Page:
This 1922 proto-documentary is required viewing for students of film -- it's the first time we saw a real feature film that wasn't fiction. It's a bit slow by today's standards, but a landmark documentary nonetheless. From the film's description:

Filmmaker Robert Flaherty had lived among the Eskimos in Canada for many years as a prospector and explorer, and he had shot some footage of them on an informal basis before he decided to make a more formal record of their daily lives. Financing was provided by Revillion Freres, a French fur company with an outpost on the shores of Hudson Bay. Filming took place between August 1920, and August 1921, mostly on the Ungava Peninsula of Hudson Bay. Flaherty employed two recently developed Akeley gyroscope cameras which required minimum lubrication; this allowed him to tilt and pan for certain shots even in cold weather. He also set up equipment to develop and print his footage on location and show it in a makeshift theater to his subjects. Rather than simply record events as they happened, Flaherty staged scenes -- fishing, hunting, building an igloo -- to carry along his narrative. The film's tremendous success confirmed Flaherty's status as a first-rate storyteller and keen observer of man's fragile relationship with the harshest environmental conditions. (In a sadly appropriate footnote, Nanook, the subject of the film, died of starvation not long after the film's release.)

Watch it on YouTube or watch the whole thing below (embedding is enabled for this one):

10. Life In A Day

This YouTube-sponsored documentary shows what happens when you ask people around the world to show you their lives. While it's not the most meaningful documentary around, it's touching at times, and often surprisingly well-photographed. From the fim's description:

Director Kevin Macdonald (The Last King of Scotland) and producer Ridley Scott (Alien, Gladiator) team up to offer this candid snapshot of a single day on planet Earth. Compiled from over 80,000 YouTube submissions by contributors in 192 countries, Life in a Day presents a microcosmic view of our daily experiences as a global society. From the mundane to the profound, everything has its place as we spend 90 minutes gaining greater insight into the lives of people who may be more like us than we ever suspected, despite the fact that we're separated by incredible distances.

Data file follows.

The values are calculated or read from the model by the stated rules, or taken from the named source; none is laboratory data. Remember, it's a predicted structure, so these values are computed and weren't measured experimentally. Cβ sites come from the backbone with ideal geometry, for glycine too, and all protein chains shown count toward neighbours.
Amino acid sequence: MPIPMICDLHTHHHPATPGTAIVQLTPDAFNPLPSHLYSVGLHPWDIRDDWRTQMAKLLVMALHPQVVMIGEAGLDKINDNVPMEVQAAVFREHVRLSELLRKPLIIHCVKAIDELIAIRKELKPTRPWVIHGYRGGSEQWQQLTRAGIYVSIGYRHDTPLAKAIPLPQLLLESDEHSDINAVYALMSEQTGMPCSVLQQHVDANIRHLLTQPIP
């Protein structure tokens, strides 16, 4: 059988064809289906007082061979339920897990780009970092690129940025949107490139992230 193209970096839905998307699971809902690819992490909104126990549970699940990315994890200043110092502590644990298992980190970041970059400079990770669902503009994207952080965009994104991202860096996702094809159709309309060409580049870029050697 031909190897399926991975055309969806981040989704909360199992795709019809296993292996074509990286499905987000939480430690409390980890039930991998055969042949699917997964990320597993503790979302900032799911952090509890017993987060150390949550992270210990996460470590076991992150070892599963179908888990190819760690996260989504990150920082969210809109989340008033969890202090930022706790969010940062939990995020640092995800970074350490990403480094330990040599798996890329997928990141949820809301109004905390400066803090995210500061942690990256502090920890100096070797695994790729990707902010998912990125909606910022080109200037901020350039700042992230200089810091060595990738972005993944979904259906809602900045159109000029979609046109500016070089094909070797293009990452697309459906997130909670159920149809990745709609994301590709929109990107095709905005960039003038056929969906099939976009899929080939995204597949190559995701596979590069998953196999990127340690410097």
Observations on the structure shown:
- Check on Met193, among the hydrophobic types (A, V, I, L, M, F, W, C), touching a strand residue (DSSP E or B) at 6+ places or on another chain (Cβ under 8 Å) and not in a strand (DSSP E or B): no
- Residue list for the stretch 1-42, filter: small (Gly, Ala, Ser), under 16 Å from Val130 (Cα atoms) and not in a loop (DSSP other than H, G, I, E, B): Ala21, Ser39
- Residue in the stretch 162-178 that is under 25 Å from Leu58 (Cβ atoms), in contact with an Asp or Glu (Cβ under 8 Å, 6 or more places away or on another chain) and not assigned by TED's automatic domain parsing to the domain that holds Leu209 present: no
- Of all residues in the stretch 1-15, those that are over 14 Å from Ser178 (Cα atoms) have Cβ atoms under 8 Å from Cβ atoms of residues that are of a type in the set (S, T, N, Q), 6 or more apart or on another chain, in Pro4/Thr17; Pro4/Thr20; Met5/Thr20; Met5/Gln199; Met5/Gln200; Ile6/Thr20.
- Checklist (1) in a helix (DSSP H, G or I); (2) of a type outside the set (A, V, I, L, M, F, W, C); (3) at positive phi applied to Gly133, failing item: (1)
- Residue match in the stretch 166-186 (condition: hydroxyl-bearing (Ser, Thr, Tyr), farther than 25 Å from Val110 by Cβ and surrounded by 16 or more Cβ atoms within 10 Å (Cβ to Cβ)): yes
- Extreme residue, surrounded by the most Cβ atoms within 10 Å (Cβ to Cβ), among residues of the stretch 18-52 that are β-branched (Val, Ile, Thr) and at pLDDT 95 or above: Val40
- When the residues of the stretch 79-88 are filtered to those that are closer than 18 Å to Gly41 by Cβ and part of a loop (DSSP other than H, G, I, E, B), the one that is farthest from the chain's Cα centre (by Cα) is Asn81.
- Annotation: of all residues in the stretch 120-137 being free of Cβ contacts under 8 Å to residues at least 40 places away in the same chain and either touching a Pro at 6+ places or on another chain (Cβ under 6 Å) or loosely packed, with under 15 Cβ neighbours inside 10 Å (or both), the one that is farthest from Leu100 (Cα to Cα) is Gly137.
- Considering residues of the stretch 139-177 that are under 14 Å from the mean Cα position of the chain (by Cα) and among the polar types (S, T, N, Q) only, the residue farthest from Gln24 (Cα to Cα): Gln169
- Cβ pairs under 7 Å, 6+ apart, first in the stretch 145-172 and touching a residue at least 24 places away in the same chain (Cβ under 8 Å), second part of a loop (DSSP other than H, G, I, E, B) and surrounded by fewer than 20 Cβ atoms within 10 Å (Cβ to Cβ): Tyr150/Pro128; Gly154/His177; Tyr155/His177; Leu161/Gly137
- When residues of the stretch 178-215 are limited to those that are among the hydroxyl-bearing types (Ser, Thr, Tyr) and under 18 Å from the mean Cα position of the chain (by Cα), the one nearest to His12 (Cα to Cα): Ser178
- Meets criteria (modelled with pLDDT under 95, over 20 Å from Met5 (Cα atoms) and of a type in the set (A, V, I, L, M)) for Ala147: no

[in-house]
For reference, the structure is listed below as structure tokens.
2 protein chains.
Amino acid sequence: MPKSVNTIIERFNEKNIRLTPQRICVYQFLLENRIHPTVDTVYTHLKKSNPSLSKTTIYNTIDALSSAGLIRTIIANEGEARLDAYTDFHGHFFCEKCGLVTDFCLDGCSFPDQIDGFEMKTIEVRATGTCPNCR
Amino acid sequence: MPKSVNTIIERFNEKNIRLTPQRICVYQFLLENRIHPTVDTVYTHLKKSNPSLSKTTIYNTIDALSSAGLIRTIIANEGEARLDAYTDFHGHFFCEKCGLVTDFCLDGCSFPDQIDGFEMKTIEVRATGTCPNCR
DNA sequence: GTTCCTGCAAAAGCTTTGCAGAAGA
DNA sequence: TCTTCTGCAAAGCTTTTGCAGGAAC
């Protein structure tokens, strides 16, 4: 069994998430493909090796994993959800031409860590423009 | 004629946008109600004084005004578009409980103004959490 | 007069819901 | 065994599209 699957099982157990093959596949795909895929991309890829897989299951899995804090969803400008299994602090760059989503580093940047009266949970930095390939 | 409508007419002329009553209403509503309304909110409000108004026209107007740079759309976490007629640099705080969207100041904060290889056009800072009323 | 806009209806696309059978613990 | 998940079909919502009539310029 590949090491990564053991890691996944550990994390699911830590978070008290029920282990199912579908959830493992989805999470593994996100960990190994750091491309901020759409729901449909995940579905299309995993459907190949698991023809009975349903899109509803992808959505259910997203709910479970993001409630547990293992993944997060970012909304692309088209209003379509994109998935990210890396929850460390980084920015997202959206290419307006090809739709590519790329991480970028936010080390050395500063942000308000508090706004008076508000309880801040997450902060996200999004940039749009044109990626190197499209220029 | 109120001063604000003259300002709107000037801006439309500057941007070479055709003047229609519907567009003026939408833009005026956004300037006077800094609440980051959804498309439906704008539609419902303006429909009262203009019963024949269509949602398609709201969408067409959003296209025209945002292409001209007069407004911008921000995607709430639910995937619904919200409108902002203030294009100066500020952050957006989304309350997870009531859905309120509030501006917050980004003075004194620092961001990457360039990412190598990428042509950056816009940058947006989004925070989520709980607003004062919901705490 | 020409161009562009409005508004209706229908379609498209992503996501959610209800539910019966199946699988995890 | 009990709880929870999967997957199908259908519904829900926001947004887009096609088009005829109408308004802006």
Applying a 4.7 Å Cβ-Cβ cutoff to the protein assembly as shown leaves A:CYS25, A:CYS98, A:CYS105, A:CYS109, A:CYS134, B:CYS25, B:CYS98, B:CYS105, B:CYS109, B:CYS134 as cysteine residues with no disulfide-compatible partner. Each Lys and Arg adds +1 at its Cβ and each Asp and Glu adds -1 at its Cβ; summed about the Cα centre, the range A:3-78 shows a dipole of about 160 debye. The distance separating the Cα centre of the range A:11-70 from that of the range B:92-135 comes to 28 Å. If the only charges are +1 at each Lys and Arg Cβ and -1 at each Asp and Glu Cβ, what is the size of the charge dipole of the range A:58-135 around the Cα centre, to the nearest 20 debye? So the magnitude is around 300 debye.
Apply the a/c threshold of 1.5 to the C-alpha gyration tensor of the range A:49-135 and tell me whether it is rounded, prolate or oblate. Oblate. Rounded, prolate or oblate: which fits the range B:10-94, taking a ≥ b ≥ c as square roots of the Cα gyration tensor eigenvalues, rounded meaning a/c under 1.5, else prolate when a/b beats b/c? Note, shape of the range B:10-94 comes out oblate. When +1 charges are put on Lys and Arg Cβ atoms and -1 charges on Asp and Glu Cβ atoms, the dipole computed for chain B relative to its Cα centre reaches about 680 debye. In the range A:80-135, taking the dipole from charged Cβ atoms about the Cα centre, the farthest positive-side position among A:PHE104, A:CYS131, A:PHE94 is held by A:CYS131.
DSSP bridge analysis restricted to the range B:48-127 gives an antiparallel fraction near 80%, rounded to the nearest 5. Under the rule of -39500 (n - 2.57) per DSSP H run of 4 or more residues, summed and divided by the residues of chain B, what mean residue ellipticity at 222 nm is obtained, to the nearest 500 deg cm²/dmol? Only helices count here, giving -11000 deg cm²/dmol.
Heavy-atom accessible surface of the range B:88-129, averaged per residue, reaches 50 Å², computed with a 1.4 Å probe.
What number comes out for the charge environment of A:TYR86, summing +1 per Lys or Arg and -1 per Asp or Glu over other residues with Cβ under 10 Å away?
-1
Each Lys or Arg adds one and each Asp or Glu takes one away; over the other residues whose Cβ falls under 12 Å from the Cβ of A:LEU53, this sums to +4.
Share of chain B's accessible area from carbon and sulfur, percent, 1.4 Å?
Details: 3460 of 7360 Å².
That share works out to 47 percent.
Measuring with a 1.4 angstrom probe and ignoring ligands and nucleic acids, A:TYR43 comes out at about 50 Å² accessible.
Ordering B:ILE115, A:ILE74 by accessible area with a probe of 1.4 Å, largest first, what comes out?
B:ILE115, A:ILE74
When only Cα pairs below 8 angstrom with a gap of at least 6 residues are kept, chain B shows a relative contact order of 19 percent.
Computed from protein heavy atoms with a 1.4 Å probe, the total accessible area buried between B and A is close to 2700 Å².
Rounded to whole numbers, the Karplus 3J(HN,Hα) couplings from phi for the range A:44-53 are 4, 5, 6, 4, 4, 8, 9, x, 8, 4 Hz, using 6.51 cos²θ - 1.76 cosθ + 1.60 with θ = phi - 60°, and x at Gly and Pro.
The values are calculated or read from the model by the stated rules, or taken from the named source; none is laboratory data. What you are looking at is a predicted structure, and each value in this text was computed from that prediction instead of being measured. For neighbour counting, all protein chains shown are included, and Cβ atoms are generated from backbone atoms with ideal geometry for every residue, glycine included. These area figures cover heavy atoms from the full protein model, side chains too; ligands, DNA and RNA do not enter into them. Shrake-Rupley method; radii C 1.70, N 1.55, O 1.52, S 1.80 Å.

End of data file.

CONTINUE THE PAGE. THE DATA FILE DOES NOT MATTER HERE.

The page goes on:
Watch it on YouTube or watch the whole thing below (embedding is enabled for this one):

11. The Day the Wave Came

This 30-minute documentary recounts the 2004 Tsunami, including graphic footage of the wave and interviews with survivors. From the film's description:

The magnitude and destruction of a Tsunami is hard to comprehend. This minute-by-minute account reveals the human face of the 2004 tragedy. A torrent of water sweeps through a street, destroying everything in its path. In the background, women are screaming. "I remember yelling 'we're all going to die, we're all going to die'", recalls one survivor. Hours earlier, meteorologist Smith Dharmasroja had desperately tried to get a warning out. When the wave struck Sri Lanka, Sulochana Perera attempted to rescue many drowning children, only to see her efforts dashed as the second bigger wave hit. This report reveals how events unfolded around the Indian Ocean: why no warnings were issued, survivors' stories and what the impact has been on their shattered lives. Includes remarkable pictures of the Tsunami.

Watch it on YouTube or watch the whole thing below (embedding is enabled for this one):

For 11-11-11, we'll be posting twenty-four '11 lists' throughout the day. Check back 11 minutes after every hour for the latest installment, or see them all here.

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13 Thrilling Facts About House Of Wax
Warner Home Video
Warner Home Video

A remake of 1933’s Mystery of the Wax Museum, André de Toth’s House of Wax solidified the 3D movie craze of the 1950s. In the process it also walloped the box office and turned Vincent Price into a horror movie icon. On the 65th anniversary of the movie's release, join us on a tour of the legendary House of Wax; keep your hands off the mannequins, though—you might not want to know what lies beneath.

1. IT WAS ONLY THE SECOND 3D MOVIE TO BE RELEASED BY A MAJOR STUDIO.

Three-dimensional cinema is older than you might think. The first feature film to use this technology was the silent drama Power of Love, which dates all the way back to 1922. Yet audiences didn’t truly embrace this innovation until some 30 years later with the release of Bwana Devil—a Technicolor thriller about man-eating lions. Produced independently, Bwana Devil ballooned into a surprise smash, grossing more than $1.3 million in its first month in just 30 theaters. This really caught Hollywood’s attention. At a time when cinemas had to compete with television, 3D looked like the next big thing, a spectacle that could draw viewers out of their living rooms and into the nearest movie house. The industry’s biggest players rushed to cash in. On April 8, 1953, Columbia Pictures’ Man in the Dark premiered, making it the first 3D movie ever released by a major studio. House of Wax, a Warner Bros. film, opened just two days later.